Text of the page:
Confidence in visual motion discrimination is preserved in individuals with schizophrenia


Background: Metacognition is the set of reflexive processes that allows humans to evaluate the accuracy of their mental operations. Metacognitive deficits have been described in people with schizophrenia using mostly narrative assessment, and they have been linked to several key symptoms. Methods: We assessed metacognitive performance objectively by asking people with schizophrenia or schizoaffective disorder (n = 20) and matched healthy participants (n = 21) to perform a visual discrimination task and report their confidence in their performance. Metacognitive performance was defined as the adequacy between visual discrimination performance and confidence. Results: Bayesian analyses revealed equivalent metacognitive performance in the 2 groups, despite a weaker association between confidence and trajectory tracking during task execution among people with schizophrenia. We reproduced these results using an evidence accumulation model, which showed similar decisional processes in the 2 groups. Limitations: These results from a relatively small study sample cannot be generalized to other perceptual and nonperceptual tasks. To meet this purpose, ecological tasks are needed. As well, the role of antipsychotic medication and design deserves greater attention in the future. Conclusion: We found similar decisional and metacognitive capabilities between people with schizophrenia and healthy controls in a visual discrimination task.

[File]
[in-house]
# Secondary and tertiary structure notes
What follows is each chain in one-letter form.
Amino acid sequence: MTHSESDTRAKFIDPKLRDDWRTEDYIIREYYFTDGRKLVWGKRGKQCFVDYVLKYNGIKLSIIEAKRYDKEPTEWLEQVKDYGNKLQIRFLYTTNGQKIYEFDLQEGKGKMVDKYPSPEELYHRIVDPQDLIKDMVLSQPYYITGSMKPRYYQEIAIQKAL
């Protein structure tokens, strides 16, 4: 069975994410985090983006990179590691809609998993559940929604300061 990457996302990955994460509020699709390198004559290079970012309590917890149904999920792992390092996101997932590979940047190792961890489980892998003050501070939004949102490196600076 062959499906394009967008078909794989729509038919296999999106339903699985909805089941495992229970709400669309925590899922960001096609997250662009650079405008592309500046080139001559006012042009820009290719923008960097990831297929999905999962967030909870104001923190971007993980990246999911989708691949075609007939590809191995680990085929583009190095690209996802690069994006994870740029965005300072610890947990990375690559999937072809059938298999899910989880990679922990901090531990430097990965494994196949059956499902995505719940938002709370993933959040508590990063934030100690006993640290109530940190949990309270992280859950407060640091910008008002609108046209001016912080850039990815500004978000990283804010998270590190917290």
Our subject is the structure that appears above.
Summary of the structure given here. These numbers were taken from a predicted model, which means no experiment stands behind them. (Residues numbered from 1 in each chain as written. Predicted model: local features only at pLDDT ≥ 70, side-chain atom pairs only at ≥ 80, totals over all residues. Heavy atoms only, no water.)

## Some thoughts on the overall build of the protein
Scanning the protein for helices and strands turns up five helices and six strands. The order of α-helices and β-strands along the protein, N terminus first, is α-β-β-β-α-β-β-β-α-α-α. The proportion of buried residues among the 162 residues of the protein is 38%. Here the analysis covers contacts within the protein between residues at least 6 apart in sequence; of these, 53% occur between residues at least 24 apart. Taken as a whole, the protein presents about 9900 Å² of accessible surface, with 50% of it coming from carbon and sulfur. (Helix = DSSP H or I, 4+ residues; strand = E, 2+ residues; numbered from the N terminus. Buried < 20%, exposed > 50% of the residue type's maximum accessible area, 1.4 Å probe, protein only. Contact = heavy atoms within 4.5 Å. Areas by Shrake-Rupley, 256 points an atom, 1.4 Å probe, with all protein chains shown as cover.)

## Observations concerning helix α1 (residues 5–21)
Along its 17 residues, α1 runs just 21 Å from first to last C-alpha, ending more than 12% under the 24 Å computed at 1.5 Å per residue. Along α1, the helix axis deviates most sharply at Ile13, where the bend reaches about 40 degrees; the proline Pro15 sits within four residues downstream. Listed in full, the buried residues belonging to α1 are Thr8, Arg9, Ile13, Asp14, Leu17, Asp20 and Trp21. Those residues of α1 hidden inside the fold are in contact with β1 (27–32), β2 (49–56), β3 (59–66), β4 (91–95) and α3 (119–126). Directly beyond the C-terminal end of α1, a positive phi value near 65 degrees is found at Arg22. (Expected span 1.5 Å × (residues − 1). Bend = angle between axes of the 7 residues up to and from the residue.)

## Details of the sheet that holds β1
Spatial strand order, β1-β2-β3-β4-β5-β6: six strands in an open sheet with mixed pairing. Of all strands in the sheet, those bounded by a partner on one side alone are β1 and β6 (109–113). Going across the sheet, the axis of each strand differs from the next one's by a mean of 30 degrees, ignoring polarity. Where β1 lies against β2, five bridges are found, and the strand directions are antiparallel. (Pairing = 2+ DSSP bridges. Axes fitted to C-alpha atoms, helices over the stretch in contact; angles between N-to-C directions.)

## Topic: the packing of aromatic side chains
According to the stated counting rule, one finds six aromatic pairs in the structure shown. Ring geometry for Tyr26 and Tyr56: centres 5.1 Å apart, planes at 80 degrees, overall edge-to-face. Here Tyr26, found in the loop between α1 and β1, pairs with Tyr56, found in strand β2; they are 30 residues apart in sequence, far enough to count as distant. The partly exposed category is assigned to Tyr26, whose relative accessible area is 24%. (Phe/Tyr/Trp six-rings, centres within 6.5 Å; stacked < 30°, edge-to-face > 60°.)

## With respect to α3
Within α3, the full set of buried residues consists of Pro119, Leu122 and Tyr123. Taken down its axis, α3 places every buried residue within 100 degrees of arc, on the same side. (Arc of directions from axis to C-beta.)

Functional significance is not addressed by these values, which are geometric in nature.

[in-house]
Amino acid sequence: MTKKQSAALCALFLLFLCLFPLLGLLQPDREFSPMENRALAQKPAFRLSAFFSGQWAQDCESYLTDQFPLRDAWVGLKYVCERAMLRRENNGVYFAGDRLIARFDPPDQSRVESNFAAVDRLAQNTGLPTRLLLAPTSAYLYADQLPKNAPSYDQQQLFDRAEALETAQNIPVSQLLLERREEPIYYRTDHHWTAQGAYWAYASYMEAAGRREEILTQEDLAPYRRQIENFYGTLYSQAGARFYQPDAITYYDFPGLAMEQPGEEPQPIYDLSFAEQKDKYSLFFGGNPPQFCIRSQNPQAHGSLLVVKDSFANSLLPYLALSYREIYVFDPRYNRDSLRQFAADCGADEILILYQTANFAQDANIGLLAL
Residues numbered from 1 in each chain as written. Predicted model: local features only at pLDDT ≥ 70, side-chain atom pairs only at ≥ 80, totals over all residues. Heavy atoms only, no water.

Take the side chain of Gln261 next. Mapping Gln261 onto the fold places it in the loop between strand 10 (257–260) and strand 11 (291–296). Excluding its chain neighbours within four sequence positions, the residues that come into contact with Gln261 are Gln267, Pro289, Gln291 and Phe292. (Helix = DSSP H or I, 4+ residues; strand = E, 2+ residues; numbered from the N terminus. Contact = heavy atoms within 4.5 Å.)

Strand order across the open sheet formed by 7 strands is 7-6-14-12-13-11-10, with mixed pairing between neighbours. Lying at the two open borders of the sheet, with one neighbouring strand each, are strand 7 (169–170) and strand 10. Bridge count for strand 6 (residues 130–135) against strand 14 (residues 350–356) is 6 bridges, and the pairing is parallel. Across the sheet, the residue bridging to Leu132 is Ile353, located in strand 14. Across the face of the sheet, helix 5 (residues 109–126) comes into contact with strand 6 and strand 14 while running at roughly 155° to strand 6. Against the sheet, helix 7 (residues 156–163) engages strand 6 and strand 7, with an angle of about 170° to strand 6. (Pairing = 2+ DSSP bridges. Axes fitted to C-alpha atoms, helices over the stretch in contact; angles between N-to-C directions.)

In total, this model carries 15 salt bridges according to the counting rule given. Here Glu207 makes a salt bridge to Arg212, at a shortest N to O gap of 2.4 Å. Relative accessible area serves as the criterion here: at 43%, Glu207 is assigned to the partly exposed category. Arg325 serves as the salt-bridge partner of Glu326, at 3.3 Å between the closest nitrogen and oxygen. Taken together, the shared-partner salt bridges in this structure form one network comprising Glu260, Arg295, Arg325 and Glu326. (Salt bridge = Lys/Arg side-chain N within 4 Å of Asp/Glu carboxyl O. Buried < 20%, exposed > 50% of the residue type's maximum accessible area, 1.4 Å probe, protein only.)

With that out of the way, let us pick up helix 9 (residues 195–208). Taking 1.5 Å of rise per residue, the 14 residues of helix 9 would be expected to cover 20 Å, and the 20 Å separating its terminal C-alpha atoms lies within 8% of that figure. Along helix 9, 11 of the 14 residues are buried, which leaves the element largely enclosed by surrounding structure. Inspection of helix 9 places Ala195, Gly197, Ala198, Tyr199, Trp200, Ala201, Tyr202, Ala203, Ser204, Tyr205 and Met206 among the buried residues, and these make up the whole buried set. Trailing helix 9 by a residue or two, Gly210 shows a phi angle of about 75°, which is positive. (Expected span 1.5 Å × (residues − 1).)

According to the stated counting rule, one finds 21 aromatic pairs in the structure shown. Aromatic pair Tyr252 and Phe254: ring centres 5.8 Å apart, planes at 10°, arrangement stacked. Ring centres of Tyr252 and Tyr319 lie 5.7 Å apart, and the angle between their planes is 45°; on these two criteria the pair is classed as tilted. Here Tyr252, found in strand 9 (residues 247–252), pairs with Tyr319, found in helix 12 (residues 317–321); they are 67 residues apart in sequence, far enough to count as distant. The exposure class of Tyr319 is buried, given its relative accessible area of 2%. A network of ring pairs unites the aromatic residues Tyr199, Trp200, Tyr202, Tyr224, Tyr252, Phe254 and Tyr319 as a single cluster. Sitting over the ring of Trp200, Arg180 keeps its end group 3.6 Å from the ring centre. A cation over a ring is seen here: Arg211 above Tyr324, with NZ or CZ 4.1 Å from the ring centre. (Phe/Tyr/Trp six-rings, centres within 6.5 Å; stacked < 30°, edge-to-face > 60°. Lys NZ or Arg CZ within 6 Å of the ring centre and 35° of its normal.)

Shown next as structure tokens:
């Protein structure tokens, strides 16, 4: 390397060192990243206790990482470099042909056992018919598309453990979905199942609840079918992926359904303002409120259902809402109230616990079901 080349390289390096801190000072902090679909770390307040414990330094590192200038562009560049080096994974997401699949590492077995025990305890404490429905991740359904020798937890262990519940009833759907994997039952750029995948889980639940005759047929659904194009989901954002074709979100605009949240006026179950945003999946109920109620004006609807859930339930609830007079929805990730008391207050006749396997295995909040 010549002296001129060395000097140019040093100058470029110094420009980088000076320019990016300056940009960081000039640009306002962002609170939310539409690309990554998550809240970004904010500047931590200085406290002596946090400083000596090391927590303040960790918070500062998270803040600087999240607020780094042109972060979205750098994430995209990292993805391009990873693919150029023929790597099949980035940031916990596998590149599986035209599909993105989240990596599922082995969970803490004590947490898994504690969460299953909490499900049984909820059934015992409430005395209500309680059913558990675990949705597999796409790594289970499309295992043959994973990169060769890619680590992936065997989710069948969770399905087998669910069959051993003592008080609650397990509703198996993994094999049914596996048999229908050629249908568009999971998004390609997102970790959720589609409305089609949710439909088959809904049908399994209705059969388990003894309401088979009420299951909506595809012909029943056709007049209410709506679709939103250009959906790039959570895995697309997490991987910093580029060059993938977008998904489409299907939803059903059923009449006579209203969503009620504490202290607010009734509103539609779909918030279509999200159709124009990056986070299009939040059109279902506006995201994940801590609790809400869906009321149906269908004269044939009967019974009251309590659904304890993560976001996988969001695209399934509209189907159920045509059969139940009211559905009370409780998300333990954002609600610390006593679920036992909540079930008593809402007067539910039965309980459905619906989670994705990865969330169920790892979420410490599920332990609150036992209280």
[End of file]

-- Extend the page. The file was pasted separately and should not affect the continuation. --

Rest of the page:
Journal of Psychiatry and Neuroscience